But when you share in buyer render, you can get in context feedback. So If I was to add a comment or leave a comment, I could pinpoint the specific area that I want to leave a comment on. So the person understands that feedback rather than having it in an email where you're just listing out those points. It is a good way to get feedback that you understand and that there's less miscommunication.

So 1 of the last points I'm going to go through today is live commenting. So I have a collaborator on the other end who's going to start dropping comments. You can see this comment just appeared here in the top right corner with that red dot, and we just see another one beside live commenting. Previously with comments, you had to rely on refreshing the page to see those comments in real time. Now if 2 people are on the figure at the same time, you see those comments appear instantly, and you can address the comments in the moment. 

And then the last item I was going to talk about is the slides feature. So Francesca highlighted this a little bit with the slides feature and being able to make a presentation. This is what I did today as well. I made a presentation. But another way that we see the slides feature being used is to make multiple versions of a figure. We have heard that versions are very important when creating a figure and being able to make the comparison against different versions.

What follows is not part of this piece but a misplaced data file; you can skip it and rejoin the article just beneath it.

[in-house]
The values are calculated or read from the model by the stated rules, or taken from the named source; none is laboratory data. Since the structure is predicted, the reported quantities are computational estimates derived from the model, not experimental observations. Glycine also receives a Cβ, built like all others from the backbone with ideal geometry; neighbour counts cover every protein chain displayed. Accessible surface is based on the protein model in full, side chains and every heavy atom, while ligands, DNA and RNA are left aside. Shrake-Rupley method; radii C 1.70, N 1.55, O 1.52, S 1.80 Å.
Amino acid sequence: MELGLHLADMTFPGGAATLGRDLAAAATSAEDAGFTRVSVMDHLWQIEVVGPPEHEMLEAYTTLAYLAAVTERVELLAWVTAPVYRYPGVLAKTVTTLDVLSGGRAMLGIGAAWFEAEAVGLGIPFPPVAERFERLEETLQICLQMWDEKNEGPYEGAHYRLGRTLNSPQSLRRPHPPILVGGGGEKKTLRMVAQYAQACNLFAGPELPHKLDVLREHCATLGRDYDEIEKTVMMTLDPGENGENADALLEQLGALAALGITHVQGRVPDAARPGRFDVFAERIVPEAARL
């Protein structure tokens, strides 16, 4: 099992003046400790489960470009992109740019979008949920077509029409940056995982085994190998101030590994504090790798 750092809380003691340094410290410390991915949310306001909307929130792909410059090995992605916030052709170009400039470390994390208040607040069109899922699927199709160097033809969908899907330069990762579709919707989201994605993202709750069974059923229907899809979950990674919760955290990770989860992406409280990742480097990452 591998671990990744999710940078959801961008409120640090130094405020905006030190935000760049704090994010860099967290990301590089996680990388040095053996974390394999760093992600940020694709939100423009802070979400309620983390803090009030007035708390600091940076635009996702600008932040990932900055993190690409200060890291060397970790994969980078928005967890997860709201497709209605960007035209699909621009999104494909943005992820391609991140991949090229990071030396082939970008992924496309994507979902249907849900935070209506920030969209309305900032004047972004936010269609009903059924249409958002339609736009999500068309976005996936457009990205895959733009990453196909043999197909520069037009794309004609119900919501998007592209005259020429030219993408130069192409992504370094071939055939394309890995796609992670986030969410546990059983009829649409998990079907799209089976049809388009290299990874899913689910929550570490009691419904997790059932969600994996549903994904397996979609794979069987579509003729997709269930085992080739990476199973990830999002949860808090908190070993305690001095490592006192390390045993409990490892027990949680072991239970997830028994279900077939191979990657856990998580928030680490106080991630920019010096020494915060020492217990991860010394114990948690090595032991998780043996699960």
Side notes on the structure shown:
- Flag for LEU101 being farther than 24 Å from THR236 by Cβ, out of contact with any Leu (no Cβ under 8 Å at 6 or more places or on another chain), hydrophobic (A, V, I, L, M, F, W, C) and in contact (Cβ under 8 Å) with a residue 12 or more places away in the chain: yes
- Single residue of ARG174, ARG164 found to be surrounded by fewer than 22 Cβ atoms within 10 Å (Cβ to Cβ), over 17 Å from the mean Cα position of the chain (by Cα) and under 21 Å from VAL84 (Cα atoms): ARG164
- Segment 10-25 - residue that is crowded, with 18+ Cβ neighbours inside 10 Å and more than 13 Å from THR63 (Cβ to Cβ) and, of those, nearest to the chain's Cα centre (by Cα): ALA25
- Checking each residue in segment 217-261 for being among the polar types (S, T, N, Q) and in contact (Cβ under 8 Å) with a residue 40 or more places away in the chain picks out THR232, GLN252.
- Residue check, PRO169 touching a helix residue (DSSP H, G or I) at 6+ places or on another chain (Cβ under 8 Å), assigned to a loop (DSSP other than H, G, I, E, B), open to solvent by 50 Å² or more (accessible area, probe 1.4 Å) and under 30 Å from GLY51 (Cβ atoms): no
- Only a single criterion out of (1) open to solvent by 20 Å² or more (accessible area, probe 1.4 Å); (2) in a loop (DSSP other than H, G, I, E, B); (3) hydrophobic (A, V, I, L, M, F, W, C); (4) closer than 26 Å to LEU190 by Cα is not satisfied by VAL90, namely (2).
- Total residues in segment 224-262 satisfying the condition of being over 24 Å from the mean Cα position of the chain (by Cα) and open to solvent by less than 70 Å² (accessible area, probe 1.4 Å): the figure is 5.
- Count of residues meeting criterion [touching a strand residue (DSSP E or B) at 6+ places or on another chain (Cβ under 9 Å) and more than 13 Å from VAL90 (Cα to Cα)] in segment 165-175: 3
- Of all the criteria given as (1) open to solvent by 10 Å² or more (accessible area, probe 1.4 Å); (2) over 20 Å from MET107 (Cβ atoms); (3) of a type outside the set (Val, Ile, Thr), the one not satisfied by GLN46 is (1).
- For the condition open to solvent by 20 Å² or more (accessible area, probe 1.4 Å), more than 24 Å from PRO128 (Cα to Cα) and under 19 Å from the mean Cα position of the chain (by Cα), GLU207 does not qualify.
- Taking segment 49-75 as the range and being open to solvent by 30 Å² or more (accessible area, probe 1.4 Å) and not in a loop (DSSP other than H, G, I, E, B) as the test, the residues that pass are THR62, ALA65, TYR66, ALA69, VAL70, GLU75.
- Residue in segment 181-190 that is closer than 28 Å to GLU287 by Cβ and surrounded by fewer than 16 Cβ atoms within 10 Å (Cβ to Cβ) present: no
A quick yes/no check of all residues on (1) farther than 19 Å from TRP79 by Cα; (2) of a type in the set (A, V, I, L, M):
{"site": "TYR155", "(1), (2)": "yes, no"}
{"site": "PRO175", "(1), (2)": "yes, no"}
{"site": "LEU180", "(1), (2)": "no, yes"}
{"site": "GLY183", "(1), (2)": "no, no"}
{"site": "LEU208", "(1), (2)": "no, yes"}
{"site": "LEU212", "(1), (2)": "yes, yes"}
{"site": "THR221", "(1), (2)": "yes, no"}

So 1 option you could look at is when you create your original version of a file, and share with collaborators, you can have them duplicate your file there and then make their own version or their own iteration So they don't have to edit your particular file, but maybe I created version 1, the second collaborator created version 2, And then we have the third collaborator who created version 3.

We can compare all of those versions to pick which one we think is best but we're still using the same core elements.

We're just kind of changing the layout or maybe it's some colors you want to change, that you want to make comparisons against. Great. Well, that's all I have today. Thank you so much for your time.

Due to continuous improvements in BioRender, the application may appear slightly different in some of our videos.